The disease known as drug addiction shares many features with other chronic illnesses—one of which is heritability, meaning a tendency to run in families. Scientists are now studying how genes can play a role in making a person vulnerable to drug addiction, or in protecting a person against drug addiction.
While the environment a person grows up in, along with a person's behavior, influences whether he or she becomes addicted to drugs, genetics plays a key role as well. Scientists estimate that genetic factors account for 40 to 60 percent of a person's vulnerability to addiction.
The National Institute on Drug Abuse (NIDA) is currently supporting a major research effort to identify gene variations that make a person vulnerable to drug addiction. This effort involves studying DNA (deoxyribonucleic acid), which directs the development of every human cell (Figure 1). By mapping DNA sequences in drug addicts, scientists have been able to isolate gene sequences that indicate a greater risk of becoming addicted to drugs. These gene sequences contain the instructions for producing specific proteins, which perform most of a body's life functions. The way these proteins function, or don't function, can indicate how vulnerable a person is to drug addiction (Figure 2).
A major finding about the genetics of drug addiction was reported in 2004 by investigators at the Howard Hughes Medical Institute at Duke University Medical Center. The researchers were able to identify a specific protein—PSD-95—that had a relationship both to drug addiction and to learning and memory. Mice that had low levels of PSD-95 took longer to learn their way around a maze, and also were much more sensitive to cocaine.
The researchers concluded that mice with normal amounts of PSD-95 were more likely to learn their way around the maze and less likely to become addicted to cocaine. Because cocaine leads to sharp increases in the neurotransmitter dopamine, which is responsible for feelings of pleasure, or the high that drug users crave, PSD-95 likely is involved in other types of addiction. According to Marc G. Caron, Ph.D., an investigator who was part of the research team, PSD-95 "likely plays a role in addiction to other drugs—including nicotine, alcohol, morphine, and heroin—because they all exert effects through dopamine."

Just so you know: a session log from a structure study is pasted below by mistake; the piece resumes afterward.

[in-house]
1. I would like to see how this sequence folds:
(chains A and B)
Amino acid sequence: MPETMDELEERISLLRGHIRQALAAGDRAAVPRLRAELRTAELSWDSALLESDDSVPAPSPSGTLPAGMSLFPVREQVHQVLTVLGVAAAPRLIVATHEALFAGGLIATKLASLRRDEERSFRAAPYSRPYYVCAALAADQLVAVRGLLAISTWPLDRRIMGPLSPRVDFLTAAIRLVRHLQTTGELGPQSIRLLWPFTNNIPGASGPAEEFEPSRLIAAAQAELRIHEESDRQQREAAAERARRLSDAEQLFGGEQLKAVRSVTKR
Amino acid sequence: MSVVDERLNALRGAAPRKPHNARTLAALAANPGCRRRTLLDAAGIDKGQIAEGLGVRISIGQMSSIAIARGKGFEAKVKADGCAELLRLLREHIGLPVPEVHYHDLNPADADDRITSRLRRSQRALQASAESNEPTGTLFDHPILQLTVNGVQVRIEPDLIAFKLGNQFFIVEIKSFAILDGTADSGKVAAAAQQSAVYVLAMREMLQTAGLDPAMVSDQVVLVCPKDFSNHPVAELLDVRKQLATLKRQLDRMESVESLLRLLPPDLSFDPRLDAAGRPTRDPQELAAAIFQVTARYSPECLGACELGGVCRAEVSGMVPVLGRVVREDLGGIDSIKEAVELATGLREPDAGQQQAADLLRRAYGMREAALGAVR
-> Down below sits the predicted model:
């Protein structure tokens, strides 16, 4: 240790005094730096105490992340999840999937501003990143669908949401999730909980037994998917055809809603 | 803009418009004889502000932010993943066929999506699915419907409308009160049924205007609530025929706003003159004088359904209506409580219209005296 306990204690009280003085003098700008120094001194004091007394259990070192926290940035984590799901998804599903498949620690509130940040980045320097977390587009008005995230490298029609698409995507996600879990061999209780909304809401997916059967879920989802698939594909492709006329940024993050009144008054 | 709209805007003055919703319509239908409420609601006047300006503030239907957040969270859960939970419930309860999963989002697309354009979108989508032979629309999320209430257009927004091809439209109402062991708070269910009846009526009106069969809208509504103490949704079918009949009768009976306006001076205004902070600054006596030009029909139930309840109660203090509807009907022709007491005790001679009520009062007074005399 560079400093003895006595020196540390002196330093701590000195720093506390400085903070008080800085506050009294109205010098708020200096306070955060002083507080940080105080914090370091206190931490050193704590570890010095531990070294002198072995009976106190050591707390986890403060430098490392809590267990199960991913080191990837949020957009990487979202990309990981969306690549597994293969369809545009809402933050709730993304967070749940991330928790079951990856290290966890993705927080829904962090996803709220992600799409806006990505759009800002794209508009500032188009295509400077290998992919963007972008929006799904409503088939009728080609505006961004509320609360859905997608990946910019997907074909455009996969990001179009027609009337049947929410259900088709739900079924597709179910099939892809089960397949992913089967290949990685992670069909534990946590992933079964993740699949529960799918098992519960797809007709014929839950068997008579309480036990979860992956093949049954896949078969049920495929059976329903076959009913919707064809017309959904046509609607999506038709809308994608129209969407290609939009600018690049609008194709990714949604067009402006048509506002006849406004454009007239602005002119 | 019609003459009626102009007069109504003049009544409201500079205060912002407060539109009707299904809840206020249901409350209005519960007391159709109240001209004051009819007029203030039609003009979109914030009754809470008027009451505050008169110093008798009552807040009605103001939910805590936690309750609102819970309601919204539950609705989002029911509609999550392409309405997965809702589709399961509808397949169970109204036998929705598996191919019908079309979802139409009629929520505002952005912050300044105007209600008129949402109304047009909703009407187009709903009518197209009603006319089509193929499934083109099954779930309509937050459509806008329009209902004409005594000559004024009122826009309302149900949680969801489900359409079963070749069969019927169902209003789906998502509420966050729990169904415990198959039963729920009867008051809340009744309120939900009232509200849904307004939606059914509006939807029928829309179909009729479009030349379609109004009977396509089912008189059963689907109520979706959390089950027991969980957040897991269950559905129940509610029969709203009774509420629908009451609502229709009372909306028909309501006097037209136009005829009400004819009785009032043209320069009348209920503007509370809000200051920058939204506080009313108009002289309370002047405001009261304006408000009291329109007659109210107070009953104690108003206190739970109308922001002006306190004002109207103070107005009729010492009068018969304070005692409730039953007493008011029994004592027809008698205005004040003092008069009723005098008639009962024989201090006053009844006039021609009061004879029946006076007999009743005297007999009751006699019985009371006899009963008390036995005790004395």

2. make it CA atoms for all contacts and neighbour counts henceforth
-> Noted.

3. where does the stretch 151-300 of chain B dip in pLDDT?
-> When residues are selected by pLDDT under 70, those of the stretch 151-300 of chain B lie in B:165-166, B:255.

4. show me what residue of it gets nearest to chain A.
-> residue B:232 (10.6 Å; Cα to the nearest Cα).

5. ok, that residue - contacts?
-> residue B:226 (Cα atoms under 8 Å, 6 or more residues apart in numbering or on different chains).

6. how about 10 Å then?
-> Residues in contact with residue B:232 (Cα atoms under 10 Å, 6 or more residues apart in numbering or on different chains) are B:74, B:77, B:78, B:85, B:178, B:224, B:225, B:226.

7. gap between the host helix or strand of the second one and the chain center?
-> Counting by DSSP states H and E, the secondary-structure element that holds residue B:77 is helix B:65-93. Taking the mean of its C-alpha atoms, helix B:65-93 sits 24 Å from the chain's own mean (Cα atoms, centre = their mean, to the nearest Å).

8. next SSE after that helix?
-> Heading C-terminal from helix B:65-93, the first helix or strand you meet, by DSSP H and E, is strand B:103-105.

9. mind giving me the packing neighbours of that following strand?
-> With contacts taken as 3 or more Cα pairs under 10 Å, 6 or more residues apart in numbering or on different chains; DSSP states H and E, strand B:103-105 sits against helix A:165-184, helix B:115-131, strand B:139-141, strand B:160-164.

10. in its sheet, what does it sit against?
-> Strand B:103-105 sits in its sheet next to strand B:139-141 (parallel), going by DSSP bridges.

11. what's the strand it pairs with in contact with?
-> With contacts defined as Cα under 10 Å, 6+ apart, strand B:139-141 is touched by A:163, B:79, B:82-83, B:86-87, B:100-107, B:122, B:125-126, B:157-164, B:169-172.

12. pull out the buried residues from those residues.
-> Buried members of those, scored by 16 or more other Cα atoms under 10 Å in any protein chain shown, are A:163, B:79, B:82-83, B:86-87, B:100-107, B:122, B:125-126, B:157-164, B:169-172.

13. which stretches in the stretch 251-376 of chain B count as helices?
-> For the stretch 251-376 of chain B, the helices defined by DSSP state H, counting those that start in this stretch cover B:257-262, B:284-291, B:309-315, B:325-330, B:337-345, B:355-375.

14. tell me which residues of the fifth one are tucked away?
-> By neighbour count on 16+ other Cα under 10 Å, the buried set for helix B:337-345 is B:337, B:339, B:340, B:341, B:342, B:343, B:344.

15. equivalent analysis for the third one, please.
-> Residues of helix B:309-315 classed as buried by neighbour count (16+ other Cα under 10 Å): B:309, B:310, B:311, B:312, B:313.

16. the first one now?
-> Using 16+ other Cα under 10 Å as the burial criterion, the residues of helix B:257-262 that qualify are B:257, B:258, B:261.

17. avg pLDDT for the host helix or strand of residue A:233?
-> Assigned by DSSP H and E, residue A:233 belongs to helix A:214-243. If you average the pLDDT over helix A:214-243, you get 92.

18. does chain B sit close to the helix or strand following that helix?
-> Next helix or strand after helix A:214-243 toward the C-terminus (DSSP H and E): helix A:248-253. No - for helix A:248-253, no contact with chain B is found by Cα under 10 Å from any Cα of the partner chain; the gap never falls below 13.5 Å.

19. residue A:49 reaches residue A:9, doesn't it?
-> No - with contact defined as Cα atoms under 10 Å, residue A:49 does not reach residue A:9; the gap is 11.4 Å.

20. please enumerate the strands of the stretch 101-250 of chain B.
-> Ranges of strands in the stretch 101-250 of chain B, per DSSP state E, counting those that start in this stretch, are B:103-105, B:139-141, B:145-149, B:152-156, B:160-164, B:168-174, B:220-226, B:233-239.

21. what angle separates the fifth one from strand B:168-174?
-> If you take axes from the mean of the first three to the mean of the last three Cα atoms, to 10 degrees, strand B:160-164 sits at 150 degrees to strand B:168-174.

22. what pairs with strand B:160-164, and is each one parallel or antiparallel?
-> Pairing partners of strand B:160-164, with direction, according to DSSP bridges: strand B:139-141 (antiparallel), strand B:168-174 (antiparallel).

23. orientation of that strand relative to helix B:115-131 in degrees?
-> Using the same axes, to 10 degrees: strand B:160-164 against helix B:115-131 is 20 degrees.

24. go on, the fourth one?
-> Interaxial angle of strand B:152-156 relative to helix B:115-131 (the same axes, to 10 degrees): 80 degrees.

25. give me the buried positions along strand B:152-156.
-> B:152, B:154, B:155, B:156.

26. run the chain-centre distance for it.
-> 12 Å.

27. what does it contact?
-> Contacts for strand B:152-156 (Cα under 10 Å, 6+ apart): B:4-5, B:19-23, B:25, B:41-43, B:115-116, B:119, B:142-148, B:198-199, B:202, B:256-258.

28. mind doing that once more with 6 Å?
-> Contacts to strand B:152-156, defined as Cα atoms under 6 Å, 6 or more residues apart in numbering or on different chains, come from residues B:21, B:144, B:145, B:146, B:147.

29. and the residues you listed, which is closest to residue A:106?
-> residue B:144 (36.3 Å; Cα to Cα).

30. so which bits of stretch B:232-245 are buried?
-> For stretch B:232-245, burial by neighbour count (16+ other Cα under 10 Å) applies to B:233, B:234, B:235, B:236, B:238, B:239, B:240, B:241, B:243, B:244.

Another important research breakthrough in 2004 was reported by a team led by Dr. Paul Greengard, a Nobel Prize-winning neurobiologist and NIDA-funded researcher at Rockefeller University in New York City. Dr. Greengard's team found that almost every known drug of abuse—including cocaine, opiates, and amphetamines—works through a brain protein known as DARPP-32. DARPP-32 is involved as a go-between in the actions of virtually all neurotransmitters (chemical brain messengers) in all parts of the brain. When DARPP-32 was removed from the brains of mice, the mice no longer responded to drugs of abuse.
Research into the role of genes in drug addiction has shown that natural variations in proteins—which are encoded by a person's genes—can lead to differences in how vulnerable that person is to drugs of abuse. Continued study of genetic factors in drug addiction can provide new ways for understanding the disease of drug addiction, and can lead to new therapies for preventing and treating it.
"Drug Addiction, Learning Share Common Brain Protein," Duke University press release. Accessed at www.dukehealth.org/health_library/news/7415.
Greengard, Paul. "Signal Integration in the Brain," NIDA Science Meeting Summaries and Special Reports. Accessed at http://archives.drugabuse.gov/meetings/apa/signalintegration.html.
"Research Report Series on Cocaine Abuse and Addiction," NIDA Research Reports. Accessed at www.drugabuse.gov/ResearchReports/Cocaine/Cocaine.html.
(Image Credits: Art adapted from: U.S. Department of Energy Genome Program)